Typical Development

Research Projects in Typical Development

Our research in typical development encompasses the areas of concept formation and quantitative reasoning. We study these topics in infants as well as children from about 4 to 15 years of age.


Visual Processing and Cognitive Development in Infants and Toddlers

We investigate the role that visual attention plays inter-connectedly between perception, developing cognition and behavior in early infancy. Specifically, we are interested in how infants perceive and learn about objects in the world, and how selective attention is involved in this area of cognitive development. Object-based selective attention is thought to be an essential component of statistical learning mechanisms – processes that drive our ability to recognize regularities and patterns in our environment - and to learn from the changes in the dynamic world around us. Additionally, object-based selective attention and “the object concept” are considered integral building blocks for higher-level thinking such as categorizing and counting.

We use eye-tracking data to assess the way infants look at different object displays; actually tracking their attention as it moves around the screen. We then compare the visual behavior of the group of infants with fragile X to the group with no disorder. This provides us with a measure of how attention is working differently in the brains of infants with fragile X, as compared to how attention functions in “typically”-developing infant brains.

* This study is currently recruiting. If you are interested in participating, please contact us here.


Faces and Emotion Study

Visual attention and emotion processing have implications for social-emotional and cognitive wellbeing. While some level of attention is necessary for adaptive functioning, excessive attention to threat (i.e. threat bias) in the environment has been linked to the development and maintenance of anxiety disorders. This study investigates the link between early visual processing biases, related neural activation, and symptoms of anxiety and emotion dysregulation in later development. We use a combination of neuroscientific methods to examine brain activity via EEG/ERP, and behavioral methods including infrared eye-tracking and neuropsychological assessments to examine the brain-behavior relationship in social-cognitive development.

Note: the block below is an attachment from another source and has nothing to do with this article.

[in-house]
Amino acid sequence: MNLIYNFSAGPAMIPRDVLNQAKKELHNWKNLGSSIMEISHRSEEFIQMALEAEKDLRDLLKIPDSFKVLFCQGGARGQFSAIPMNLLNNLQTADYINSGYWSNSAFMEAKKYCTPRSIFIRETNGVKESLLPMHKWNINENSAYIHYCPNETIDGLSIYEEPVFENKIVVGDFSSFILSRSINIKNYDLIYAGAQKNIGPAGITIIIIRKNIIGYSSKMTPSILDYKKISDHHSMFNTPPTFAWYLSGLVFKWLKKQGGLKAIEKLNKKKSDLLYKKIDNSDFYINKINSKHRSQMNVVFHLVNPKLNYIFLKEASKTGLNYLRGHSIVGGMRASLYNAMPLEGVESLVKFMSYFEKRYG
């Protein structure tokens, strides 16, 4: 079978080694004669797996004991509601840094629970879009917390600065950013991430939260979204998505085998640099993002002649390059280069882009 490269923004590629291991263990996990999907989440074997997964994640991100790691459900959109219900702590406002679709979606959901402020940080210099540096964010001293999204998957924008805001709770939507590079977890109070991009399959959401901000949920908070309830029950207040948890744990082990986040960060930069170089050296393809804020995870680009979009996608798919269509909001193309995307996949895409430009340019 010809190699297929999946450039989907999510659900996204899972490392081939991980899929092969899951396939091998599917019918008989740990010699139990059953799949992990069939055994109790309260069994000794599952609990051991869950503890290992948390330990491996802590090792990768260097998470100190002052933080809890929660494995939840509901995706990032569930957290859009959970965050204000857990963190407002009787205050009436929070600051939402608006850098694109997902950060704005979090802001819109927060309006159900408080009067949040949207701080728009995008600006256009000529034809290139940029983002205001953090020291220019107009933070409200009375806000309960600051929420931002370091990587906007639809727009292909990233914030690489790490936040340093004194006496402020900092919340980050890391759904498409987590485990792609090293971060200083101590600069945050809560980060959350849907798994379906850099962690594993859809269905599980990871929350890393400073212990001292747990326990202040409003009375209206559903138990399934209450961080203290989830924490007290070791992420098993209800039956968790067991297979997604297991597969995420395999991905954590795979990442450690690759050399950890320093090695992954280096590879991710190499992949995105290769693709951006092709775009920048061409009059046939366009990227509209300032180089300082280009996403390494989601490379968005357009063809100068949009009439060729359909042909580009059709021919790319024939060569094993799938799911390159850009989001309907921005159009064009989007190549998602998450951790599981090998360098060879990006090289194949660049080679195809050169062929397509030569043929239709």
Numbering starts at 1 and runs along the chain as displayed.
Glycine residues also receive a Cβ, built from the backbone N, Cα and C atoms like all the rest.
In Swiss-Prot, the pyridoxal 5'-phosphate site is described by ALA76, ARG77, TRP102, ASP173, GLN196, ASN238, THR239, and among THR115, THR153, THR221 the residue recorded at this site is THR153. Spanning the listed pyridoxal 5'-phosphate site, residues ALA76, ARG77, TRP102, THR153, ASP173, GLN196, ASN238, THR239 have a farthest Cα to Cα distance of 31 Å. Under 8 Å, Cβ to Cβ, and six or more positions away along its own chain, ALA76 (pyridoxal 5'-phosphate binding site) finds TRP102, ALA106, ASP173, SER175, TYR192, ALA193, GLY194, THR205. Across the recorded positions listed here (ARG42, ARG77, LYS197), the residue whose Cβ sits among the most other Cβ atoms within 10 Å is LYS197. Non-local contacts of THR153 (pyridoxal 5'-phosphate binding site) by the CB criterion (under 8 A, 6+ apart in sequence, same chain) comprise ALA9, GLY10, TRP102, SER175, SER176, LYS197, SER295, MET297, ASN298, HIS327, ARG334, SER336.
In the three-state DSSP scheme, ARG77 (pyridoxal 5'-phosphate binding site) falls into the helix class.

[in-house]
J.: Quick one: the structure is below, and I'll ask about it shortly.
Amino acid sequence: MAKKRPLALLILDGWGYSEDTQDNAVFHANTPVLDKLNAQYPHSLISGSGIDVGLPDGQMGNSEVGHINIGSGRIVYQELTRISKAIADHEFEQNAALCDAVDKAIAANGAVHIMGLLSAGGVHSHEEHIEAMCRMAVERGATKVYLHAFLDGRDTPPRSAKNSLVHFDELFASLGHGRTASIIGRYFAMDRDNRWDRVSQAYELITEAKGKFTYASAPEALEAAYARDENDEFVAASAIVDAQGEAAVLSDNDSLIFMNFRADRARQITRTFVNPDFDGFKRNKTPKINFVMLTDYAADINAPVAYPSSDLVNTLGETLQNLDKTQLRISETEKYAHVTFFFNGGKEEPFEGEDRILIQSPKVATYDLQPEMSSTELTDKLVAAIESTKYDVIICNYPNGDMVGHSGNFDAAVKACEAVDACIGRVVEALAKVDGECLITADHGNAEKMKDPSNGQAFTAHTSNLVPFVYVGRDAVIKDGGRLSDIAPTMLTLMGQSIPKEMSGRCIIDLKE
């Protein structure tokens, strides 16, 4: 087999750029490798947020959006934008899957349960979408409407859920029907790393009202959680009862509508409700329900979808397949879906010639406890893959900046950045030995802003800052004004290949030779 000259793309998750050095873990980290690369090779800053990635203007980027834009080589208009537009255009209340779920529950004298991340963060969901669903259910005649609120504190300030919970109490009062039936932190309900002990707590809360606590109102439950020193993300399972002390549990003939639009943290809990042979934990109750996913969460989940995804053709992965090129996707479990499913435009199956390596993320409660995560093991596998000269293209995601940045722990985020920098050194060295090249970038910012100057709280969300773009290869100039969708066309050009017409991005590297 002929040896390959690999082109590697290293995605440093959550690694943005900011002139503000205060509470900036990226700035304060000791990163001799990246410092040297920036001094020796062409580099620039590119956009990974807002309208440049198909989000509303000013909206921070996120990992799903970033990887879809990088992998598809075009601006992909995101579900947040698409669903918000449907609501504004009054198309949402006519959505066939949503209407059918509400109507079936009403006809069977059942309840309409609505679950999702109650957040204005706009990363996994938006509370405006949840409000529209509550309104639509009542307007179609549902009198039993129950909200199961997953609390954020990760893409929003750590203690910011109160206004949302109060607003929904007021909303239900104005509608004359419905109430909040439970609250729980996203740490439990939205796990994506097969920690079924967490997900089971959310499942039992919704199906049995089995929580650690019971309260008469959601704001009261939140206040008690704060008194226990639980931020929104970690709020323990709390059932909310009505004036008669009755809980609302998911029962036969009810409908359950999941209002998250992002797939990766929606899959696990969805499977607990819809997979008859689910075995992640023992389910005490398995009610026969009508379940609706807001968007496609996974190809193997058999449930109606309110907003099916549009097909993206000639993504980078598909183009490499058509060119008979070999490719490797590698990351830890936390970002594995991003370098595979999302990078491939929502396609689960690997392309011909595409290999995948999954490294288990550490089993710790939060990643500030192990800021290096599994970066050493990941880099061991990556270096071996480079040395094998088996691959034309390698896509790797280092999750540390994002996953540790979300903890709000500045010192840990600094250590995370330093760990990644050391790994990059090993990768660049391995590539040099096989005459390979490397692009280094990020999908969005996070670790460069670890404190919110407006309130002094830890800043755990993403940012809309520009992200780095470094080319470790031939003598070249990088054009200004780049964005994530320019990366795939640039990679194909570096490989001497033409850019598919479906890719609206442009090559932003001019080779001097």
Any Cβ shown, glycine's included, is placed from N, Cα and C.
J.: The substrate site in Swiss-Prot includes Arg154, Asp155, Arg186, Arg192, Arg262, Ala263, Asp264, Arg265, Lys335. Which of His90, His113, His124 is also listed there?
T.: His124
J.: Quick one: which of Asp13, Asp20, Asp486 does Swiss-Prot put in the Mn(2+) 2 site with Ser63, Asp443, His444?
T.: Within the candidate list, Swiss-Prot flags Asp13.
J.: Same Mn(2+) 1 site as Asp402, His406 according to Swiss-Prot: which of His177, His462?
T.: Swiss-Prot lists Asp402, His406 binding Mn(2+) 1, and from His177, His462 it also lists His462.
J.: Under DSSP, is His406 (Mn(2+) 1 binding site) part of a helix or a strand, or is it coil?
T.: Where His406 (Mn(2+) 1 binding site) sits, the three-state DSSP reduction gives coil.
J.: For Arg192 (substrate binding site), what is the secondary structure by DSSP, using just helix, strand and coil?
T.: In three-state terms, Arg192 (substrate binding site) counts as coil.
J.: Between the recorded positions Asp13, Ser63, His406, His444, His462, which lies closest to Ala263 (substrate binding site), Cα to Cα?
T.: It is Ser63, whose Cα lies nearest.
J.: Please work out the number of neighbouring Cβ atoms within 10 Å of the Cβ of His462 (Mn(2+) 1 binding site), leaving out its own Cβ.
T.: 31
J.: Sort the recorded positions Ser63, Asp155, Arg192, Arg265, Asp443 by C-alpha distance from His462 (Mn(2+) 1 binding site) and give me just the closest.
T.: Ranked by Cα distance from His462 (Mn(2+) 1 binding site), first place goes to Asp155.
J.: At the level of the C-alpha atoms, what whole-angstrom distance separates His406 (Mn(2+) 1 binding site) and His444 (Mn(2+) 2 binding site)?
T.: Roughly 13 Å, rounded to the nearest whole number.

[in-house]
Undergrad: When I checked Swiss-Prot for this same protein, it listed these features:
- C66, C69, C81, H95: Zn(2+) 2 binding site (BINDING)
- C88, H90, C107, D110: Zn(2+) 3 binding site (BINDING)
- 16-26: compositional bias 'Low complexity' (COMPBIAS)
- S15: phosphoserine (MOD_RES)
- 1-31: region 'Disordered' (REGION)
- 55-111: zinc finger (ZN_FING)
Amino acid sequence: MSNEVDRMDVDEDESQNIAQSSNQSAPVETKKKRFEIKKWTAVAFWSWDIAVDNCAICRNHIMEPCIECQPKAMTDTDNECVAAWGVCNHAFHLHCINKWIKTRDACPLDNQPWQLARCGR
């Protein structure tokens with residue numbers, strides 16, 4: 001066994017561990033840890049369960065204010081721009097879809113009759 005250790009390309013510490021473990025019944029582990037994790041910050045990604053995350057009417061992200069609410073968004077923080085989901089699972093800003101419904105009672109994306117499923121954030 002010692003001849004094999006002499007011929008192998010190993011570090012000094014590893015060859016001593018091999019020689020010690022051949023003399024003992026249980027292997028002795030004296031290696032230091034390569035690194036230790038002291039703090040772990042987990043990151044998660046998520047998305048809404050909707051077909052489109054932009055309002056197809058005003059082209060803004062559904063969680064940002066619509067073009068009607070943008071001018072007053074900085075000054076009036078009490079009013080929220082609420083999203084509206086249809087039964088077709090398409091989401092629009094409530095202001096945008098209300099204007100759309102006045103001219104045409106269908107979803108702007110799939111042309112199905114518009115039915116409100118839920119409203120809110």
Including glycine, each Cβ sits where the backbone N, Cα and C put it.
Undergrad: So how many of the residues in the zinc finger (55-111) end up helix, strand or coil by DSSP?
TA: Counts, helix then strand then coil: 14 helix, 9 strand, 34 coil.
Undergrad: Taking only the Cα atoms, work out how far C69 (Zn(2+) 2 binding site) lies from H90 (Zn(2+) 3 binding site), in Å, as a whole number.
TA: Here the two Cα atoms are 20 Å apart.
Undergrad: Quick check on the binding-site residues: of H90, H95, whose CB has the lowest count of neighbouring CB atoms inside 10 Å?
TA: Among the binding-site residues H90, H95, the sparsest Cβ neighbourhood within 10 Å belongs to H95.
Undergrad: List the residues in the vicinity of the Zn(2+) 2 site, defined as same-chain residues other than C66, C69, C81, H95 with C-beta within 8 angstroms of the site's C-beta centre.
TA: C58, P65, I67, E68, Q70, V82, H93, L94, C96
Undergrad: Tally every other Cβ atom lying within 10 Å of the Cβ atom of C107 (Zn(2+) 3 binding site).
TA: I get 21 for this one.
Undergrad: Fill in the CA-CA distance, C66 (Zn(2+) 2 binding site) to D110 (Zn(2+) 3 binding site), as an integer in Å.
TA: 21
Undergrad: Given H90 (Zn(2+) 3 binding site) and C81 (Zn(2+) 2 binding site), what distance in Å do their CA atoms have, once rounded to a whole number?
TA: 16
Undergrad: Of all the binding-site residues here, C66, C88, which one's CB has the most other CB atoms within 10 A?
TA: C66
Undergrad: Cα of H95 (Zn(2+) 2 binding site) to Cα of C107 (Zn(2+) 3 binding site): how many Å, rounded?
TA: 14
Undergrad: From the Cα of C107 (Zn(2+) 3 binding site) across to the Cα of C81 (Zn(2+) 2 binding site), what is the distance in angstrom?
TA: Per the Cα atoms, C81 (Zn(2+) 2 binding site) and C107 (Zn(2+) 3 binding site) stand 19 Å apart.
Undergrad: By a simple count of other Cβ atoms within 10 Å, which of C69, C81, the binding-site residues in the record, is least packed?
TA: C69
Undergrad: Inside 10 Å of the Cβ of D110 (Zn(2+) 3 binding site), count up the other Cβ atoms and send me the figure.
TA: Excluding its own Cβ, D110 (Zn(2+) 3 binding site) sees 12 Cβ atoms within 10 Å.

Participants are typically-developing children, ranging from infancy to school-age. During the first session, children passively view images of faces varying in emotional expression and other emotionally-evoking images while brain activity is recorded via EEG/ERP. During the second session, children complete and eye-tracking task which includes viewing images of facial expressions on a computer screen while we record the reflection of light in the eye to measure where the eye is looking. 

* This study is currently recruiting. If you are interested in participating, please contact us here.

faces and emotions study